But the first person perspective, while cool in theory, presents several storytelling problems. And the mistakes made from scripts like this one, as well as its cohorts that eventually made it to the screen, only to quickly be forgotten, are likely what inspired the first generation of screenwriting professors to say, “Maybe doing it this way doesn’t work.”
What’s one of the first things they teach you in Screenwriting School? The main character needs to be active. Why does the main character need to be active? Because active characters drive stories and because audiences like people who DO things as opposed to people who REACT to things.
And that’s pretty much all Marlow does, is react. In fact, the entire movie consists of him watching OTHER PEOPLE do things. True, he is the captain, so he is taking our characters to Kurtz. But there’s never a situation where Marlow is like, “We need to go that way!” And he runs to the steamboat room and starts pouring on more coal before running out and pulling a rare Fast And Furious’esque figure-8 steamboat move to barely make it into the Katonka River.
It’s more like, someone will come up to him and say, “Hey, how you feeling?” And Marlow will say, “All right. I wonder what the weather is like back home.” There are a lot of interactions like that, giving us a character dominated by a whole lot of inactivity.
It’s not a total bust though. Heart of Darkness conveys just how popular build-up can be. If you build something up enough, the audience WILL stick around until that thing arrives. I don’t think I’ve ever heard one thing (the name “Kurtz”) mentioned so many damn times in a single script.
Every other word out of someone’s freaking mouth was “Kurtz,” to the point where even though I was bored to tears because nothing else was freaking going on, I wanted to find this Kurtz fellow! I mean, with so many people talking about him, he had to be worth the wait, right?
What I also found interesting was that despite this novel being written over 100 years ago, that even back THEN they were still using love triangles. I say that because you think of a love triangle as a cheap literary device used to stir up some artificial conflict. But the magnetic and flirtatious Elsa working her magic on Marlow while her fiance, Kurtz, draws closer every minute, was of the more dramatically compelling storylines in the script!
The weird thing, though, is that the very thing I found gimmicky at first – Welles’s cheesy masturbatory opening sequences – was exactly what I craved more of as we made it past the century page mark. The script gets so bogged down in its dark subject matter and relentless attention to camera detail (seriously, the word “CAMERA” was easily used over 600 times in this script), that there wasn’t any fun left. Add on a protagonist who just watches everyone else do things without doing anything himself and you can see why something like this would get boring quickly.
The only thing to keep our interest was that damn Kurtz. But because, at a certain point, that’s all the story had to offer, even I had to dive into the water and swim back to shore. This would’ve been an interesting experiment had it ever been produced, but very likely a failed one. That’s exactly what the studio head said to Welles at the time. And do you know what Welles came back with? “No problem. I have another idea. It’s called Citizen Kane.”
[ ] What the hell did I just read?
[x] wasn’t for me
[ ] worth the read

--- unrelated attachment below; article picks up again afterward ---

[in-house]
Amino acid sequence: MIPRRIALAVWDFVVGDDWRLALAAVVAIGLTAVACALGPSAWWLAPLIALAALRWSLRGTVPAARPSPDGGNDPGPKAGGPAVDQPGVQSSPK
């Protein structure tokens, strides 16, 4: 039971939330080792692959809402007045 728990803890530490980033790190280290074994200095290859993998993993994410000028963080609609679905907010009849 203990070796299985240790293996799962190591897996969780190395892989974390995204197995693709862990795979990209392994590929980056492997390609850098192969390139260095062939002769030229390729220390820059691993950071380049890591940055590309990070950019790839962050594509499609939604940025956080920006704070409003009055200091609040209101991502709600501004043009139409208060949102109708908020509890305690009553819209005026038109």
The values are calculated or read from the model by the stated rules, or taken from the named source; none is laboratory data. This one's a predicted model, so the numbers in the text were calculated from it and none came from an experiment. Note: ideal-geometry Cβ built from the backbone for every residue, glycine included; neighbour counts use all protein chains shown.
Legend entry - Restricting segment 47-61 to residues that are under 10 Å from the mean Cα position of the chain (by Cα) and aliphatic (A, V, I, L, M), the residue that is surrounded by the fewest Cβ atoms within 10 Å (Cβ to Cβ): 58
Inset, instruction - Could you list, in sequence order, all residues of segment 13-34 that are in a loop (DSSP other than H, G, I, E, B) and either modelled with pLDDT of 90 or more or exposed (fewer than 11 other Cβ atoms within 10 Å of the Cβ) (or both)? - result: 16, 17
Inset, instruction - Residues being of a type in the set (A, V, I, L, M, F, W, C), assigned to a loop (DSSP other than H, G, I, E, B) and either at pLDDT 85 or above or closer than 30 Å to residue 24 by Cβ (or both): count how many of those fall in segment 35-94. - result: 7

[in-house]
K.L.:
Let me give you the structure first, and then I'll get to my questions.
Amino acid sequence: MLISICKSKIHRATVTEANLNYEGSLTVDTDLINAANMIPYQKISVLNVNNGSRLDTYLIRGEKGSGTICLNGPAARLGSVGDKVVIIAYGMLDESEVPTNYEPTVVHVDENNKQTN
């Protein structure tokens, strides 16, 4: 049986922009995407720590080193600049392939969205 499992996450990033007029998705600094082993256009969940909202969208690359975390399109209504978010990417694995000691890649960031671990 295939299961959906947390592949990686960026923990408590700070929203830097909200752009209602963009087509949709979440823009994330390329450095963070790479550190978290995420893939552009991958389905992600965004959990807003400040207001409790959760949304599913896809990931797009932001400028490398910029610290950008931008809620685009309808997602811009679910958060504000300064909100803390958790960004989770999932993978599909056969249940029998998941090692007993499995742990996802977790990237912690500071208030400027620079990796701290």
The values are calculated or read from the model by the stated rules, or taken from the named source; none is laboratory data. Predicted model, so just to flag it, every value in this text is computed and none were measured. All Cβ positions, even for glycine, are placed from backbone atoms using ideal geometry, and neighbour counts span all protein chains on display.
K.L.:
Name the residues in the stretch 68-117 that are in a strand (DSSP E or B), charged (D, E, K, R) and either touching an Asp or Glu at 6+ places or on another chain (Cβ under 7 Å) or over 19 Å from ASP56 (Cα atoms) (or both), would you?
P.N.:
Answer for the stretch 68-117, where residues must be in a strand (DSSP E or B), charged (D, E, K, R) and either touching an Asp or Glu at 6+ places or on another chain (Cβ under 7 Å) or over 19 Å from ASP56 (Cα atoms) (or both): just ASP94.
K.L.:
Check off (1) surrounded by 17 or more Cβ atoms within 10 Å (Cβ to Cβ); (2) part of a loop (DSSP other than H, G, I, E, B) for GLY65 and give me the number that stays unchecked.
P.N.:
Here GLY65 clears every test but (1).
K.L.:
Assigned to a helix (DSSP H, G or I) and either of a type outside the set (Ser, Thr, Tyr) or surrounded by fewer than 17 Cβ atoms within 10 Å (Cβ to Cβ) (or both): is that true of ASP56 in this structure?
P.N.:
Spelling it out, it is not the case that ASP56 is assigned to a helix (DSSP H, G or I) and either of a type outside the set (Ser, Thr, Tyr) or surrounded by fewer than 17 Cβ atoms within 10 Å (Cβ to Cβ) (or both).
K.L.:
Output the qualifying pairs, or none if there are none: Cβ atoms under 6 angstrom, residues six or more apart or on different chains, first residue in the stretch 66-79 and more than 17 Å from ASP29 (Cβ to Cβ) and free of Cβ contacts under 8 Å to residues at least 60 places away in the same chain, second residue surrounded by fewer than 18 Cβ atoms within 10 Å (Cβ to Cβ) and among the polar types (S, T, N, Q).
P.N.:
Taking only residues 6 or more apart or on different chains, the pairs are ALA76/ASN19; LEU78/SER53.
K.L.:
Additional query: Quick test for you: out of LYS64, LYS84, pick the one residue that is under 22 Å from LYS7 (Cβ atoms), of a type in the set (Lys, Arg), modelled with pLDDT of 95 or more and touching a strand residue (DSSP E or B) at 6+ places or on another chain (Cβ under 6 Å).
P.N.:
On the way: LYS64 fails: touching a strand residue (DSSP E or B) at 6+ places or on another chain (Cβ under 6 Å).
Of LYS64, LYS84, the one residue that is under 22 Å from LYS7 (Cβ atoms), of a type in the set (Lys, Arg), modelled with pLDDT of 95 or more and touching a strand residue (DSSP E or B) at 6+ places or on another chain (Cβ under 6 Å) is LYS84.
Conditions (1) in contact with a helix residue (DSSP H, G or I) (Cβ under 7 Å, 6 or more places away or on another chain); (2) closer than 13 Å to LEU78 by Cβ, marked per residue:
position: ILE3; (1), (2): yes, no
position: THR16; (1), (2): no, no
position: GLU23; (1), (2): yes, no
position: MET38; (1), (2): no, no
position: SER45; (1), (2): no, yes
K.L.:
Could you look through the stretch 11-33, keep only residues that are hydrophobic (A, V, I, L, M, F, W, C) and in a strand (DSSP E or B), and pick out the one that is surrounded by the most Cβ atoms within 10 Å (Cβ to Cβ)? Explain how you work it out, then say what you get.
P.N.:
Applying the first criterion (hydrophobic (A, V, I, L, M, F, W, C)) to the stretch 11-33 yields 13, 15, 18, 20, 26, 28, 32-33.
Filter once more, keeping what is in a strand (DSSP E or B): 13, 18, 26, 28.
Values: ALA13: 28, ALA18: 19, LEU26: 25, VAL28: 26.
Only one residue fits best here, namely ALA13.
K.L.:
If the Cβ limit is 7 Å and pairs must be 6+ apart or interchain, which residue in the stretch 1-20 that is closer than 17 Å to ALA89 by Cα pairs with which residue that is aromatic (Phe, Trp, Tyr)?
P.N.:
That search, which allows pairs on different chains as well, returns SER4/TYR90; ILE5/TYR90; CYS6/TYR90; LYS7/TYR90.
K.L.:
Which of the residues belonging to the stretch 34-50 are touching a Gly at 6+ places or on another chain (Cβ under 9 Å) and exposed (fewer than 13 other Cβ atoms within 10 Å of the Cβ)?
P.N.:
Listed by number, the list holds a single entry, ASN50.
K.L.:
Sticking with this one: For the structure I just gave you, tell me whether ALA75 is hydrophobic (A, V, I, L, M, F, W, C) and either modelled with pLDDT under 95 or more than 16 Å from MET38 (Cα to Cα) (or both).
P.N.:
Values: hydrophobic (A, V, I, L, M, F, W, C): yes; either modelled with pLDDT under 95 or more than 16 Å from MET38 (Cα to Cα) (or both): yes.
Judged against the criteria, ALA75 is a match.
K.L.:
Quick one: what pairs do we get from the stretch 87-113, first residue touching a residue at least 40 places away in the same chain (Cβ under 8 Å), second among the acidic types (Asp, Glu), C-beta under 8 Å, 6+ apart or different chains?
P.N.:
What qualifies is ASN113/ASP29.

[ ] impressive
[ ] genius
What I learned: You are not as clever as you think you are. When you think that you’re rewriting the cinematic language by talking directly to the reader or going first person POV for an entire script? Know that there was a script written as far back as SEVENTY SEVEN YEARS AGO that was doing the same thing. When it comes to screenwriting, choose the most compelling story you can write over writing something gimmicky with tons of bells and whistles. If Orson Welles couldn’t pull it off, you probably can’t either.
Genre: Dark Drama
Premise: When a young girl named Allison Adams goes missing, four other women named Allison Adams find themselves at first peripherally, and then directly, pulled into the mysterious disappearance.
About: Allison Adams made this past year’s Black List, was written by actor Devon Graye, and is really fucked up. Now, you may ask how anyone could write something so fucked up. Seems like a good time to throw this nugget at you: Graye played Teenage Dexter on the serial killer show, Dexter, for a year. I’m guessing much of what he was exposed to there inspired this screenplay.
Writer: Devon Graye
Details: 92 pages
If there’s an argument to be made against structure and screenwriting convention, “Allison Adams” is a script you’d file as evidence in the trial. It throws the conventional whodunnit out the window, adds some Fargo’esque wallpaper to the living room, then dives into the basement where guys like Thomas Harris, David Fincher, and Patrick Bateman are playing poker.
Before we even get to the script, I want to hammer this point home. I read a lot of “missing girls” screenplays. Heck, there’s a whole cottage industry of missing girls novels. It is one of the most oft-used setups in fiction. And it works because there’s nothing that triggers readers like a helpless girl being taken.
Now you’d think that the average writer would know, when there’s concept competition, you have to bring originality to the table or nobody’s going to give a shit about your script. The default setup for this concept = small town, girl goes missing, meet all the suspects.
And yet, most of what I read in this genre is right off the assembly line. While they all have their slight variations that the writers will tell you is what makes them “fresh takes,” the truth is they’re all the same.
Allison Adams is not only NOT an assembly line script. It was crafted in some 1970s Russian basement by a guy named Lukslava.